Mulberry on Normativity and ‘Hard Naturalism’

December 9, 2007

And now a message from  Visiting Assistant Blogger Greig Mulberry:

I’ve been thinking about this issue of different ways of framing some related sets of issues — or maybe it’s the same issue.  I mentioned naturalism v. non-reductive naturalism; you mentioned naturalism v. normativity. It might be worth, at some point, following out the way the latter terms differ, not only from each other in a general way, but more specifically how they differ from each other in how they differ from naturalism.
When I was working briefly on phil of mind some weeks ago for class, I learned a little more about emergentism.  It (as you may know) was in fashion in the first decades of the 20th c., but not so much now — at least under that name.  Recently I read that emergentism is essentially non-reductive naturalism, especially of the Davidsonian variety (which makes sense, for supervenience always sound similar to emergentism to me).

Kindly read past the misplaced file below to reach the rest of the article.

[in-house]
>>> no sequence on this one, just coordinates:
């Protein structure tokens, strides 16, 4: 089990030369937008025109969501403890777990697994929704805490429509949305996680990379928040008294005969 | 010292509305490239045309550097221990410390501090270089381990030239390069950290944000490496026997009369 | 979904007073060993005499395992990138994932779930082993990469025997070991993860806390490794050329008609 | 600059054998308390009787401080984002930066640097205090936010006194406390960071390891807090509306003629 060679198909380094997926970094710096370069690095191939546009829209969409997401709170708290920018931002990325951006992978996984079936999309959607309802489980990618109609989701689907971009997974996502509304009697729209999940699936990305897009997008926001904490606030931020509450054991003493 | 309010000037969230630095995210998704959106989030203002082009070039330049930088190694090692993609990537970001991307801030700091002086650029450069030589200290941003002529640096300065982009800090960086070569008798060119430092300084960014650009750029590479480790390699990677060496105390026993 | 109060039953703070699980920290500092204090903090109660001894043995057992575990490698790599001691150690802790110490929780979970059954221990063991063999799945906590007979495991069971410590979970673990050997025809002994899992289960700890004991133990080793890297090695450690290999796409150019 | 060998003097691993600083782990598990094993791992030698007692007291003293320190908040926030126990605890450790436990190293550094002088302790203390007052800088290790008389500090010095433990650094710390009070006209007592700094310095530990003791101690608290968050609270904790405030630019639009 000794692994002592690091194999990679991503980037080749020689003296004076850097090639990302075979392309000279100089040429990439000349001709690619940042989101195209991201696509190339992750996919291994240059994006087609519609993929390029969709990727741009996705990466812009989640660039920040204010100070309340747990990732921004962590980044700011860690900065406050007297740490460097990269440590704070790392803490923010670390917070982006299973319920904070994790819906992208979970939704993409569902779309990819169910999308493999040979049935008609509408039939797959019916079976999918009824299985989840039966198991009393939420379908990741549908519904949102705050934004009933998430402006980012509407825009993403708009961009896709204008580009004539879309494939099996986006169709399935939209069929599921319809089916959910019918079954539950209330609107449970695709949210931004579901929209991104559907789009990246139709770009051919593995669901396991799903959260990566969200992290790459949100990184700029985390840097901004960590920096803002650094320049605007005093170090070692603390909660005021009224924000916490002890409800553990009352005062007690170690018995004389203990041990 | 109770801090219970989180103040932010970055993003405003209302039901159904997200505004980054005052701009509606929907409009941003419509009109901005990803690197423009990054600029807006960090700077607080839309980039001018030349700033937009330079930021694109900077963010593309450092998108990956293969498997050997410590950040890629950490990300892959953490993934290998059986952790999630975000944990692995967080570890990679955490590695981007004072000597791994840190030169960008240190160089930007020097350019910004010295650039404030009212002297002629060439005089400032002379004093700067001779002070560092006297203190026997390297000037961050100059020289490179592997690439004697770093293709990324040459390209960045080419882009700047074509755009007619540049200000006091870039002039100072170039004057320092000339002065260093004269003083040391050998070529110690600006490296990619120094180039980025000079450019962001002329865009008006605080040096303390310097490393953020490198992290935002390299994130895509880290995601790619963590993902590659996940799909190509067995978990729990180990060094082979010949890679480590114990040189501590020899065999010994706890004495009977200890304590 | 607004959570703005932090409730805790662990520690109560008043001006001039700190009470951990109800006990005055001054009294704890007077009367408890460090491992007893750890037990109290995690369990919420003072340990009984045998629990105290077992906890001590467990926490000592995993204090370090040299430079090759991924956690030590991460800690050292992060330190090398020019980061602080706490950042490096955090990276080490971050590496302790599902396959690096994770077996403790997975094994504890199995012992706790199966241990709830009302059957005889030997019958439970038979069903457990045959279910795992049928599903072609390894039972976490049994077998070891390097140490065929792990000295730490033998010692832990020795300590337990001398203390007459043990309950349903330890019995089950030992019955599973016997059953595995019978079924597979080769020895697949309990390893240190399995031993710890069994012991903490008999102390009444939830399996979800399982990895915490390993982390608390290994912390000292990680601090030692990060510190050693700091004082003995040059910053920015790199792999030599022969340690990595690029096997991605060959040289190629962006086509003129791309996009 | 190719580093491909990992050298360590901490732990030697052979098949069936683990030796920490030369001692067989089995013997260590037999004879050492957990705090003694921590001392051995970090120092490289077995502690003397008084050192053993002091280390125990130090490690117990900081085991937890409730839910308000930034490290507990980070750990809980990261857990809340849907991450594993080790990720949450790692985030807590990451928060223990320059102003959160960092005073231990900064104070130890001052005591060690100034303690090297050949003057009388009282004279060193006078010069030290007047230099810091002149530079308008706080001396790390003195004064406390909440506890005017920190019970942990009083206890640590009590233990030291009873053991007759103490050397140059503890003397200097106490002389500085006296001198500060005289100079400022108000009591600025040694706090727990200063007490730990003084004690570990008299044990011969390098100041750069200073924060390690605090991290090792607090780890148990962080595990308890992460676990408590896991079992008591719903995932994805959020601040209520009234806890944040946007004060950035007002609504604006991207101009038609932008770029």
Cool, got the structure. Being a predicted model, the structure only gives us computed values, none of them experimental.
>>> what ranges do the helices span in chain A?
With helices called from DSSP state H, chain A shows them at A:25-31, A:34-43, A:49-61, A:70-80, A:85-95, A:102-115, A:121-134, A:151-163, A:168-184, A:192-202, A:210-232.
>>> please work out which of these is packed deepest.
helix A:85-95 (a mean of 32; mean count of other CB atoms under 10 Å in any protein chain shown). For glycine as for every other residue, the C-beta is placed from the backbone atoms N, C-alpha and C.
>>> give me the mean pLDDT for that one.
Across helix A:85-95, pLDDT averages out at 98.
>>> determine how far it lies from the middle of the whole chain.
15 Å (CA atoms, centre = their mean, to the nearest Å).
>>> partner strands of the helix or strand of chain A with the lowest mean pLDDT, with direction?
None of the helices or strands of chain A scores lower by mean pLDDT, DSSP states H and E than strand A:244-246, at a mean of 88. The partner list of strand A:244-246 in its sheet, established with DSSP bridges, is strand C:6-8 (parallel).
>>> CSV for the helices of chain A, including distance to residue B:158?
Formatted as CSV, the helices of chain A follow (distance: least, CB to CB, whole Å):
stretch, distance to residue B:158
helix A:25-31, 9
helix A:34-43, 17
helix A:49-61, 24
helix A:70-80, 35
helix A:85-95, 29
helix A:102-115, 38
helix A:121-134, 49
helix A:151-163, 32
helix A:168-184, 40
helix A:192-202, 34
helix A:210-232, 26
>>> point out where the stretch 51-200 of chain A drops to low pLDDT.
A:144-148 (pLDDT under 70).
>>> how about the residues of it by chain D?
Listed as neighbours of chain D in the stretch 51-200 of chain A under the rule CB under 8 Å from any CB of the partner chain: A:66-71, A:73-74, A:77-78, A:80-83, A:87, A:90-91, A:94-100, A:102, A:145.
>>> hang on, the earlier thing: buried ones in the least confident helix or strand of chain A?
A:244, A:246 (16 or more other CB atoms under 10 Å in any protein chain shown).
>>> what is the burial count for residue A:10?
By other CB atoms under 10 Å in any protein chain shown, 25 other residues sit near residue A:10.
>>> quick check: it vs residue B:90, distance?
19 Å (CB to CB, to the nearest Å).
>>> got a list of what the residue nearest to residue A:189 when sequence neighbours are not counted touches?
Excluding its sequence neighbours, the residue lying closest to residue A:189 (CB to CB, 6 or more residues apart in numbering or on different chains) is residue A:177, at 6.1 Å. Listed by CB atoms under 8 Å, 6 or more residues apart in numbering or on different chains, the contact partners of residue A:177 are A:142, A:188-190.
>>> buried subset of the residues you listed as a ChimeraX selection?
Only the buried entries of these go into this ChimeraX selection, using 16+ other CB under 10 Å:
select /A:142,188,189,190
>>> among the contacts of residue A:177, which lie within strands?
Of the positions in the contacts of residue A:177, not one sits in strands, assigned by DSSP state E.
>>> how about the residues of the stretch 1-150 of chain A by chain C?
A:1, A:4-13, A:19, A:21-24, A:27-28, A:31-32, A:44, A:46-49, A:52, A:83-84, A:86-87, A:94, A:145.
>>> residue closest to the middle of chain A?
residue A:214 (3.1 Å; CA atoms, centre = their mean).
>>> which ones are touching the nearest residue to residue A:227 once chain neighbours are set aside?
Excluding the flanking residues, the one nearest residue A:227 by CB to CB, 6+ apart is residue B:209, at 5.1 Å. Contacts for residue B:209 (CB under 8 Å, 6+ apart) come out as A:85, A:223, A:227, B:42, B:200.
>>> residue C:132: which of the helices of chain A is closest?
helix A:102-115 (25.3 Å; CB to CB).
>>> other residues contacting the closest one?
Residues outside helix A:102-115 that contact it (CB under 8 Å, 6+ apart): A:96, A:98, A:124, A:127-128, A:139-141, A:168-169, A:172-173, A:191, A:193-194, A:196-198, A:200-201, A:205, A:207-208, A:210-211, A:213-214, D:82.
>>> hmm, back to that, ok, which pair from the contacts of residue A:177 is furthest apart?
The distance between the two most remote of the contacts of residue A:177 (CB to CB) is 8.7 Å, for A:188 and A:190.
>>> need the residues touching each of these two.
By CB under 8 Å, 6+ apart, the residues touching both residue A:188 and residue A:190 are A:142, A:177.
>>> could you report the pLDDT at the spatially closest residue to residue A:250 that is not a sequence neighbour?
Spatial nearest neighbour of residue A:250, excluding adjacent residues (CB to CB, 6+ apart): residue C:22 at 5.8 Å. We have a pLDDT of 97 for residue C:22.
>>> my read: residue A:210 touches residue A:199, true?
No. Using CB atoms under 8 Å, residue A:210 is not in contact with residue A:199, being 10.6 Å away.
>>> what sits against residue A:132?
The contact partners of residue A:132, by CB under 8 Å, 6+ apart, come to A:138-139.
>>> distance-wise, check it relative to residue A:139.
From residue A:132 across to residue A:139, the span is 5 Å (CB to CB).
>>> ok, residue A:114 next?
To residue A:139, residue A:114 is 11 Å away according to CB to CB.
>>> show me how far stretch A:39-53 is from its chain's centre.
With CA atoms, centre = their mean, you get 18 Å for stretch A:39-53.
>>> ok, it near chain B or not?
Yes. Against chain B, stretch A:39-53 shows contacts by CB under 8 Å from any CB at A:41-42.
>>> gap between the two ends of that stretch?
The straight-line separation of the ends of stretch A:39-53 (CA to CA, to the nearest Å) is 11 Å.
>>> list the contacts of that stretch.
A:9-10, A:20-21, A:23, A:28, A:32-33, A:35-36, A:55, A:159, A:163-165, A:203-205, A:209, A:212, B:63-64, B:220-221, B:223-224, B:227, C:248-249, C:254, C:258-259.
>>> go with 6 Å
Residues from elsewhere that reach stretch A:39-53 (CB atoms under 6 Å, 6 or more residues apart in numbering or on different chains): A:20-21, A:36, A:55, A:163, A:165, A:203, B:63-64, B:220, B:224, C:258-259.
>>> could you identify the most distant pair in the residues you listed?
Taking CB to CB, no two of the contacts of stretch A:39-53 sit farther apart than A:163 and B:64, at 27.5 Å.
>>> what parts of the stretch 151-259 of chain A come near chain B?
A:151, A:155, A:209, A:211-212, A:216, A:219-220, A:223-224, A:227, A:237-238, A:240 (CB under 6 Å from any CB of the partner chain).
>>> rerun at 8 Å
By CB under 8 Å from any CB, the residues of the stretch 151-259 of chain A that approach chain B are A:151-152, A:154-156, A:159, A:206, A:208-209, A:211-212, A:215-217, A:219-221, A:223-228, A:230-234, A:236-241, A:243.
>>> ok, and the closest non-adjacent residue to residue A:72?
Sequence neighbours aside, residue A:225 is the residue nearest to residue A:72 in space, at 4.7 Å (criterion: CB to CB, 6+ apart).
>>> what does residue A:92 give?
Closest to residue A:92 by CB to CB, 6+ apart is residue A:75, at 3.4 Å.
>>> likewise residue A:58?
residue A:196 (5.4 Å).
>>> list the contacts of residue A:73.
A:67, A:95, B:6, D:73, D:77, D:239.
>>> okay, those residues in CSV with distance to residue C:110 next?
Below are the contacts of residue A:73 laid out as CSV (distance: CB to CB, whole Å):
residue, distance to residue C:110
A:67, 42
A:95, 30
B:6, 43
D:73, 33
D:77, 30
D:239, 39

One further way of framing some of these issues, especially relevant to this most recent project of ours, can be called the question over ‘the autonomy of the sciences.’  We’ve talked about the issue of the relation between, e.g. physics and psychology, but now I’ve found a name for it, by God.  The hard naturalist, to coin a phrase (this one is my own coinage, as far as I know), would argue against the autonomy of the sciences, I reckon.  If one takes normativity seriously, should one then necessarily defend the autonomy of the sciences?